Advent is about expectancy. It is waiting. It is waiting for God’s kingdom to come to earth. It is expecting God’s justice and righteousness to prevail. And we need to be smart about it.
Jeremiah was known as the weeping prophet. His words of doom and gloom were spoken from a broken heart. And yet Advent begins with an unusual aspect of Jeremiah’s ministry: hope. Jeremiah encouraged God’s covenant people to make intelligent decisions while they waited for God’s promise to be fulfilled.
The Psalmist cries out for comfort. Feeling shamed by their treatment from others, God’s covenant people look for justice to prevail. They turn to God and remember that as they wait, they must “keep his covenant and decrees.” It calls for intelligent waiting.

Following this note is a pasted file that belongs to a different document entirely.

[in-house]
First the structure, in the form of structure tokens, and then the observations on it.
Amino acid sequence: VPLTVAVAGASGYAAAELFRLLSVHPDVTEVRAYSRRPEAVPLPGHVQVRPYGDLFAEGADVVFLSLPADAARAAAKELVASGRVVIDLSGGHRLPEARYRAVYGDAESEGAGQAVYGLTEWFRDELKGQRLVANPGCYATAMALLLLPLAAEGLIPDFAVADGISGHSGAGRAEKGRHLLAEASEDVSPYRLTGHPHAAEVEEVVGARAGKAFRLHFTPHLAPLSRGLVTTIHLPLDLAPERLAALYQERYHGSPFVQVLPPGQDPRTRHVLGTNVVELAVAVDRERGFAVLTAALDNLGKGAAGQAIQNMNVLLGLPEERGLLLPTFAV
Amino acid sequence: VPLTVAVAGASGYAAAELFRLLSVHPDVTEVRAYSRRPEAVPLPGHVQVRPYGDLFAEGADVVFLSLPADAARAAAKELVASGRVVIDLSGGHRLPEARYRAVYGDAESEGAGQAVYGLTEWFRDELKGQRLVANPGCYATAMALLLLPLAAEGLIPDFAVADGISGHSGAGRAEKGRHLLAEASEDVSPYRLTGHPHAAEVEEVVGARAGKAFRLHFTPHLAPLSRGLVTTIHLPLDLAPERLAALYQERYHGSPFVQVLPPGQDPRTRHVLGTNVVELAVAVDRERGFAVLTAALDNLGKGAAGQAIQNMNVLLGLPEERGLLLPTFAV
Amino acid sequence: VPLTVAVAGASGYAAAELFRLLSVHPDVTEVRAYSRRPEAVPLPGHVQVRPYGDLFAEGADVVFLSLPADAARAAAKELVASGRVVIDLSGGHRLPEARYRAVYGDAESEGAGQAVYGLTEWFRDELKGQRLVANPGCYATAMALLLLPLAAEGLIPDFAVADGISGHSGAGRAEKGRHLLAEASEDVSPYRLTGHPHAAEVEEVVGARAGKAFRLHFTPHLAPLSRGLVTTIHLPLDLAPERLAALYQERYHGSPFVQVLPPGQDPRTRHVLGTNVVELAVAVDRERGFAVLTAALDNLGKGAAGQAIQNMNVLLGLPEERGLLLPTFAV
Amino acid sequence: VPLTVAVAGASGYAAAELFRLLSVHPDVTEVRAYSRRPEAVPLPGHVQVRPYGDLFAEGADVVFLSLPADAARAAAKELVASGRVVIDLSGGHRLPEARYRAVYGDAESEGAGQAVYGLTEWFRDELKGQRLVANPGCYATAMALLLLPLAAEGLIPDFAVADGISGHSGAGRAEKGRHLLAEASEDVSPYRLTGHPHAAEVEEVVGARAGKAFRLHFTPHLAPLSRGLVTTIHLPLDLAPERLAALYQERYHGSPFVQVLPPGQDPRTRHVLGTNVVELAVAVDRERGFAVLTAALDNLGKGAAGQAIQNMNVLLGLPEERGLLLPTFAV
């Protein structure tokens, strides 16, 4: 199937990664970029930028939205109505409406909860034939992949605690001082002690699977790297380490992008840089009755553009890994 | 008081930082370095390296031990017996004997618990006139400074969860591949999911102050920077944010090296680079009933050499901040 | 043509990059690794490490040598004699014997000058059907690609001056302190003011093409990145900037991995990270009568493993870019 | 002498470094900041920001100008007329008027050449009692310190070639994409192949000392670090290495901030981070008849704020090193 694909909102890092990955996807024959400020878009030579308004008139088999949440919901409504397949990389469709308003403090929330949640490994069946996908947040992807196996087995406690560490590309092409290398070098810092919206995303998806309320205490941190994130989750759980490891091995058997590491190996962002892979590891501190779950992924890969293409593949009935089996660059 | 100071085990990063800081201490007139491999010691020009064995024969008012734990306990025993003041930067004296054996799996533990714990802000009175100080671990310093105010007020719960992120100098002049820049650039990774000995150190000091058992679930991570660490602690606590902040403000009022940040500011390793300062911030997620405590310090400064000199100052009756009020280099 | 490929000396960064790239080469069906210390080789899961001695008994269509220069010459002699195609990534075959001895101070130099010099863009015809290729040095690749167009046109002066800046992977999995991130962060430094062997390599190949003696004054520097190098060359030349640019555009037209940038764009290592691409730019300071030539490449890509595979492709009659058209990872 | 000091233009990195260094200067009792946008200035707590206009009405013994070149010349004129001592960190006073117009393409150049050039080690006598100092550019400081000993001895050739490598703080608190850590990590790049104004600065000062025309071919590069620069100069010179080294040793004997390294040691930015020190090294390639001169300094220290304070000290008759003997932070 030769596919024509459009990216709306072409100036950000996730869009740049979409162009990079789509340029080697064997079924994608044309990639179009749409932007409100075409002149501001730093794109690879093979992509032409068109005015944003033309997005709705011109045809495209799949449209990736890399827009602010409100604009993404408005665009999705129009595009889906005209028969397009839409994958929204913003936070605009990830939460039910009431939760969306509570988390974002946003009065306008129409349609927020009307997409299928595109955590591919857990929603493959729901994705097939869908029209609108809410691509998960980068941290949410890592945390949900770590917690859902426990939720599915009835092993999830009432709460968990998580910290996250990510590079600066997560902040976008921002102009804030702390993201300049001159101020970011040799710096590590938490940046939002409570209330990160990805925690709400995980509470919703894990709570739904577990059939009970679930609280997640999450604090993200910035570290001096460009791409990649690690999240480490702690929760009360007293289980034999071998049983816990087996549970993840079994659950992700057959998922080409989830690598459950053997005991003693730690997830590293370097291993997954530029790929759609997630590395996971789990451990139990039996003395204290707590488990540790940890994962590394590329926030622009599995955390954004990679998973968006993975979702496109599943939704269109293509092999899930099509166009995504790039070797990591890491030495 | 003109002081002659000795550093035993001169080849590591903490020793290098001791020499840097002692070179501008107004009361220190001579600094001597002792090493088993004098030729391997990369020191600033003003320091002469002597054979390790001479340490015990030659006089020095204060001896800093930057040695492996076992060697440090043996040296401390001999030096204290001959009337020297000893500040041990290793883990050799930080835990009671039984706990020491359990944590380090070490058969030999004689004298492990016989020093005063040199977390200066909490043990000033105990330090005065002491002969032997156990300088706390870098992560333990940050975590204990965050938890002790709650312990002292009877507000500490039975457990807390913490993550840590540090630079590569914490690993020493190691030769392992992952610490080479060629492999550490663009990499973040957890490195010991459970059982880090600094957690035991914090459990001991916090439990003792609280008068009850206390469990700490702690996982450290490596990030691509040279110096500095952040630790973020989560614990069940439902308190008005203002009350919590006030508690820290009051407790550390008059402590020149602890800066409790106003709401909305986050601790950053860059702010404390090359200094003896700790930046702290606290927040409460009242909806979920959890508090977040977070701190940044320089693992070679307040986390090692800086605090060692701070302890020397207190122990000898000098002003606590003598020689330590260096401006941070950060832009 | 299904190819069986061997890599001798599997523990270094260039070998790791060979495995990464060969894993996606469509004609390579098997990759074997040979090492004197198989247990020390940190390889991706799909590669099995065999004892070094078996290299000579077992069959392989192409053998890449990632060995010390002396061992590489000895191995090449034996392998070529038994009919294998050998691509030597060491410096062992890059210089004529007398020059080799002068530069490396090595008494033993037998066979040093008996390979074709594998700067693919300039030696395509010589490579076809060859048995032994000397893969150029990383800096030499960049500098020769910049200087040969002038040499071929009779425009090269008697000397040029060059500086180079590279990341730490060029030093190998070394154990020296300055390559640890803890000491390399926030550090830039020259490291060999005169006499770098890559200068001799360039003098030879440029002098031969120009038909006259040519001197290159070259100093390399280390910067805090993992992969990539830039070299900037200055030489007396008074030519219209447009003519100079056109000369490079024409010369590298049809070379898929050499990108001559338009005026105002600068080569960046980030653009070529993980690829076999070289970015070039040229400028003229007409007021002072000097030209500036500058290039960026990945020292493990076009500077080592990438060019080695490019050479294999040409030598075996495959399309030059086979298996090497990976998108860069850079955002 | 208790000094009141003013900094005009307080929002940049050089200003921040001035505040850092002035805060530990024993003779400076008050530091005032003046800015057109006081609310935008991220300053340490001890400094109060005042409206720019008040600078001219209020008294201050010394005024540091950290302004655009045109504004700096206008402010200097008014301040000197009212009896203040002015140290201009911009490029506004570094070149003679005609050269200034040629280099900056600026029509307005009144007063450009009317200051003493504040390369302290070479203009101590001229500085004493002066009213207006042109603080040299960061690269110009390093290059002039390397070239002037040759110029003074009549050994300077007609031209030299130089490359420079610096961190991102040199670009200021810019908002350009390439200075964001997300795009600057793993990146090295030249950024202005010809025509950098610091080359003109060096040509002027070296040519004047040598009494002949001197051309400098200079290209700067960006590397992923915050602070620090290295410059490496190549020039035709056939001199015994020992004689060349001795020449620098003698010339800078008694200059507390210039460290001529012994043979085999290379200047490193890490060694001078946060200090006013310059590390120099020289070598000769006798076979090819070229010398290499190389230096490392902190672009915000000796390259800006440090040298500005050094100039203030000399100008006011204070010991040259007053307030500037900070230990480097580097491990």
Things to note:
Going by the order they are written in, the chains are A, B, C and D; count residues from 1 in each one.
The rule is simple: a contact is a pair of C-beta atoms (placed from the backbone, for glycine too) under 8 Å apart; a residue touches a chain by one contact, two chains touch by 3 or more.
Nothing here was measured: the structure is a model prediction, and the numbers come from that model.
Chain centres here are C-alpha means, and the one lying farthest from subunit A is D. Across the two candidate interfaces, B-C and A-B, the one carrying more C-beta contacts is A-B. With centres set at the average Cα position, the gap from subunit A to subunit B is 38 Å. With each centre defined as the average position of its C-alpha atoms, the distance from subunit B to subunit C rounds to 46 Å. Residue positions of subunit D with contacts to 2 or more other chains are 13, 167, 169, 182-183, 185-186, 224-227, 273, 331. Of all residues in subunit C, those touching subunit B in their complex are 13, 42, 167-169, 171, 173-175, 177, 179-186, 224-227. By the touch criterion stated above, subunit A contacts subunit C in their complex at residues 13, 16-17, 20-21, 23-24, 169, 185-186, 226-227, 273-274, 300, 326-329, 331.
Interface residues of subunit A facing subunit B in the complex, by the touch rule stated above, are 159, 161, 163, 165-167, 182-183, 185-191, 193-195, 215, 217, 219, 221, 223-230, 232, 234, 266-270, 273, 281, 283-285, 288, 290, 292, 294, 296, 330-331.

The Early church grappled with the issue of how to wait for Christ’s advent. There were difference of opinions. The letters to the Thessalonians help us to understand we have to be smart about the way we do theology and be the Church. The goal is to be ready for a face-to-face meeting with Jesus. The admonition to “strengthen your hearts in holiness” reveals intelligent waiting. We prepare our hearts, minds, and souls for the Advent.
As we begin our approach to Christmas, we look around at the sorrow in the world. We see doom and gloom in the news cycle. We can easily grow discouraged. The fig tree in today’s gospel reading reminds us that we can read the seasons. We have the knowledge required to prepare for Christ’s coming.
Pray for the strength to stand before our Lord. Be proactive in your home, at work, and in society. Carry on and do your business. Jesus will come “in a cloud with power and great glory”. Wait for God intelligently. May Christ find you active in your faith.